Down in the secret underbelly of the Andaz Hotel in London Liverpool Street, in an ornately decorated 1920s Masonic temple, there is a small, glossy cabinet housing a hologram. The palm-sized flickering decagon of colour is certainly eye-catching, but more interesting is what it symbolises: things both physically and infinitely bigger than itself. It is a miniature interpretation of P R I S M, Keiichi Matsuda’s new creation at the V&A for the London Design Festival. On Thursday night, over scallops and champagne in the turquoise-ceilinged, candlelit hideaway at Andaz, we heard about Matsuda’s new work, virtual realities, and the opportunities that might arise from making the immaterial material and the invisible visible.
P R I S M offers an alternative portrait of London as a virtual city defined by the digital world of data. Intersecting aluminium frames contain irregularly-shaped paper screens, onto each of which is projected a different, moving pattern. The patterns change according to a live feed of information: the touching in and out on an Oyster card, the hiring out of Boris bikes, weather conditions, even energy usage in residential homes. Londoners, commuters and tourists alike constantly contribute to how the installation might look at any given moment. Even 10 Downing Street is under this silent scrutiny: ‘if the Prime Minister switches on the kettle’ says Matsuda ‘the design will be altered’. Matsuda’s project makes visible the ever-watchful agents of data-collection. ‘This is really plugged into London…its eyes and ears are all over the city’.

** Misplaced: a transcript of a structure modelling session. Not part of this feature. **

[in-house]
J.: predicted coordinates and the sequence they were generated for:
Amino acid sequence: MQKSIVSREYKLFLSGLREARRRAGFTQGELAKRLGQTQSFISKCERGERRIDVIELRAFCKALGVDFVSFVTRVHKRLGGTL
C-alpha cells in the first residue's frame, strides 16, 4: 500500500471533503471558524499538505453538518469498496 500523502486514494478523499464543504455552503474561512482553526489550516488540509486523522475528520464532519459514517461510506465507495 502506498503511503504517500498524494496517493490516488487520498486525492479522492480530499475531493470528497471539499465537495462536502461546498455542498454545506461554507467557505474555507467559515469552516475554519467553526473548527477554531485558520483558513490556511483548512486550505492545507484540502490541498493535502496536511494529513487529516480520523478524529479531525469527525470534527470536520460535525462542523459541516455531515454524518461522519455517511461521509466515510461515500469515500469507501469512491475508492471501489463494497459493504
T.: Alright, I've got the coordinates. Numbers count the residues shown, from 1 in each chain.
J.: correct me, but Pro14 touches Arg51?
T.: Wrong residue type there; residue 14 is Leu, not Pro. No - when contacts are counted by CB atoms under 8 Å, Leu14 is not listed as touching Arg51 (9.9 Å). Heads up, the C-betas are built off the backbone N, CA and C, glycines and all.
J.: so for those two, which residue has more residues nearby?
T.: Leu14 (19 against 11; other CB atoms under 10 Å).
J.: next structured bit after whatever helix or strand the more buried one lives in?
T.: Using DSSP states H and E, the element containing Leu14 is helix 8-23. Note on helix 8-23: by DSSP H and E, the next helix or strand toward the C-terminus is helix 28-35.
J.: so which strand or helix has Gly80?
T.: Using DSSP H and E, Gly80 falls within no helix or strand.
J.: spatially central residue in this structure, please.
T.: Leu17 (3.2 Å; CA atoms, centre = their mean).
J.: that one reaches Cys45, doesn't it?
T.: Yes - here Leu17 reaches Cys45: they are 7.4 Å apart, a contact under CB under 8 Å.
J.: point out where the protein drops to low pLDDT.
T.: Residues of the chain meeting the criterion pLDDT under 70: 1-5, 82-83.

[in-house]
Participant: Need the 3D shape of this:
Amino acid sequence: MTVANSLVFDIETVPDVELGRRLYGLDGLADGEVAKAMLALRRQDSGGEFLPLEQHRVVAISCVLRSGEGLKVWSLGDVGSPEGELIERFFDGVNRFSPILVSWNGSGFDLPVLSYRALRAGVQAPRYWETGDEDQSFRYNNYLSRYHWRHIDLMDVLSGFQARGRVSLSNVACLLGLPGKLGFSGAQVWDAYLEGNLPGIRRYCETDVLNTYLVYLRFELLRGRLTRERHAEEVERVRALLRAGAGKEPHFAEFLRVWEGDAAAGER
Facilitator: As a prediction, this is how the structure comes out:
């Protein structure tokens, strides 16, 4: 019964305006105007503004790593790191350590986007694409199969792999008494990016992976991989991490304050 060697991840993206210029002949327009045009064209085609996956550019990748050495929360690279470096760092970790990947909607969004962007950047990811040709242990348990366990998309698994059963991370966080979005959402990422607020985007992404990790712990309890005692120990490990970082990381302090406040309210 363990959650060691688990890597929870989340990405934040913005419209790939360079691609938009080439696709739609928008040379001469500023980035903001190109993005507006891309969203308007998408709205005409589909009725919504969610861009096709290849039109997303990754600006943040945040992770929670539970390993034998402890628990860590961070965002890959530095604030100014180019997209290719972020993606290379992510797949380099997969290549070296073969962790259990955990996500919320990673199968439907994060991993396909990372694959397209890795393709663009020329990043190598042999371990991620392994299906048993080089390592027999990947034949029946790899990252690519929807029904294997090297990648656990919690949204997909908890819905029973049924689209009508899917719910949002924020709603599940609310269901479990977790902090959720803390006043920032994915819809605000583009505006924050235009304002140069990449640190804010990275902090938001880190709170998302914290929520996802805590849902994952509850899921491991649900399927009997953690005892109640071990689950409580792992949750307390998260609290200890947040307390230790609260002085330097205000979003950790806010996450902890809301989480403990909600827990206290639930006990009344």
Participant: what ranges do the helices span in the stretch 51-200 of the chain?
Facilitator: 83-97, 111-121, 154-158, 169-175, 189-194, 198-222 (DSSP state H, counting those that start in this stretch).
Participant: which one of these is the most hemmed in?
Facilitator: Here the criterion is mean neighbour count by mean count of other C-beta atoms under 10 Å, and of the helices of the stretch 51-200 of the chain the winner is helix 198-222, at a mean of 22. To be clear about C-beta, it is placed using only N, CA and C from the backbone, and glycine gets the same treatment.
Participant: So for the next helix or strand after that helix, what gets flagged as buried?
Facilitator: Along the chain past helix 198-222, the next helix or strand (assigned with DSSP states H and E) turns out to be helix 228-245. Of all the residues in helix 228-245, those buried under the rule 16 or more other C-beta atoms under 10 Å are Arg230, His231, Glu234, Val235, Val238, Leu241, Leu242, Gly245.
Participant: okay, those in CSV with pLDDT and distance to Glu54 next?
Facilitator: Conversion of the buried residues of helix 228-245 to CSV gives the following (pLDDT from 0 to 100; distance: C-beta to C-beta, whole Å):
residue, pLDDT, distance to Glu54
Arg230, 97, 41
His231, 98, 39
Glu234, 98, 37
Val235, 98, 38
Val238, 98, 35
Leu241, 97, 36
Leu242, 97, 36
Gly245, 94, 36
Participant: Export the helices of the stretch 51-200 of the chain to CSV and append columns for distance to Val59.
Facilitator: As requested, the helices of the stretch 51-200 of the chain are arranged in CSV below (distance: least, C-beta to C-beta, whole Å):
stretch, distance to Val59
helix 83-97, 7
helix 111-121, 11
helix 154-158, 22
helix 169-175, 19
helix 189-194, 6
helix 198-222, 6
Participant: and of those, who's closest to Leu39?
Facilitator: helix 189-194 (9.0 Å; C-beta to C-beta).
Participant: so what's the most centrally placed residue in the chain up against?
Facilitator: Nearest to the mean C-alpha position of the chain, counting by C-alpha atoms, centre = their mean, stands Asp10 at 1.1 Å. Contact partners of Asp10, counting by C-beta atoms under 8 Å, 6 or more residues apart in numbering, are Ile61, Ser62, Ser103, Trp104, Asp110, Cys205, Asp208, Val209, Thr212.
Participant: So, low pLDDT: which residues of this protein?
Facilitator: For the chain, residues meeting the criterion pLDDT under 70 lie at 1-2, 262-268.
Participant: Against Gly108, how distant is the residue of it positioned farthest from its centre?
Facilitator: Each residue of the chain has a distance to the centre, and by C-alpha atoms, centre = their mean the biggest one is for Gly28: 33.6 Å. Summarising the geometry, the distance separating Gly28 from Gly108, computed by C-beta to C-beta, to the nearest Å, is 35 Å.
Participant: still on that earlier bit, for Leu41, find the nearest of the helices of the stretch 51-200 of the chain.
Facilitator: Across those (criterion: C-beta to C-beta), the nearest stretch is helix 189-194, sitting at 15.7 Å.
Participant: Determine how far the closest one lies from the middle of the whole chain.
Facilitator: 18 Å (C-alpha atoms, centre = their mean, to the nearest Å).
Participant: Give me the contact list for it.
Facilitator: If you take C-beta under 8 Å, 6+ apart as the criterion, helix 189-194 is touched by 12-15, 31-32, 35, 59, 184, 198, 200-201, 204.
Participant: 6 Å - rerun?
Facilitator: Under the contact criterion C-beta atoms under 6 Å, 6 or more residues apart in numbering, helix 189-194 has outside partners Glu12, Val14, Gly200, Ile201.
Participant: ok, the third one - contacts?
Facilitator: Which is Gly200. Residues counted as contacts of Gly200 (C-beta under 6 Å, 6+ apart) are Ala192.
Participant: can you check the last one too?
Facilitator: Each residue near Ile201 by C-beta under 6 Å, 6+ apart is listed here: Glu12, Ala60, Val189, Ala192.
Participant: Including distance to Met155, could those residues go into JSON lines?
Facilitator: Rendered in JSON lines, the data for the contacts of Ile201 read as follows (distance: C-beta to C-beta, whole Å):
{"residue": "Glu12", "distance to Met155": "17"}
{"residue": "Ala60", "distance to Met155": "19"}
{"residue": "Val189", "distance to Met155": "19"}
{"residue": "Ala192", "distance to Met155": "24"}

Undoubtedly, P R I S M is visually impressive but its concept is more than a little unnerving. I questioned Matsuda on the sense of unease generated by his aestheticised data-show: was it really something to celebrate, this constant monitoring of our actions? Certainly this was one of his less critical works, he admitted, but through lending the immaterial world a certain materiality he hoped to open a platform for discussion about how this data might be presented and used. Matsuda compared this to the writing of elegant code; his work embraces ‘a new kind of craft’, in using a new set of tools to imagine what the city could be.
I appreciate that P R I S M tackles a significant contemporary issue in a visually impressive way, but wonder whether it could be more explicitly critical. At Thursday’s satellite event to the main exhibit we were shown a promotional video of the work’s construction which, with its speeded-up footage of commuters and up-beat music, seemed to present the project as an exciting vision for the future rather than as a comment on the present, as seems to have been Matsuda’s intention. Scary stuff.
P R I S M will be on show at the V&A until 23rd September.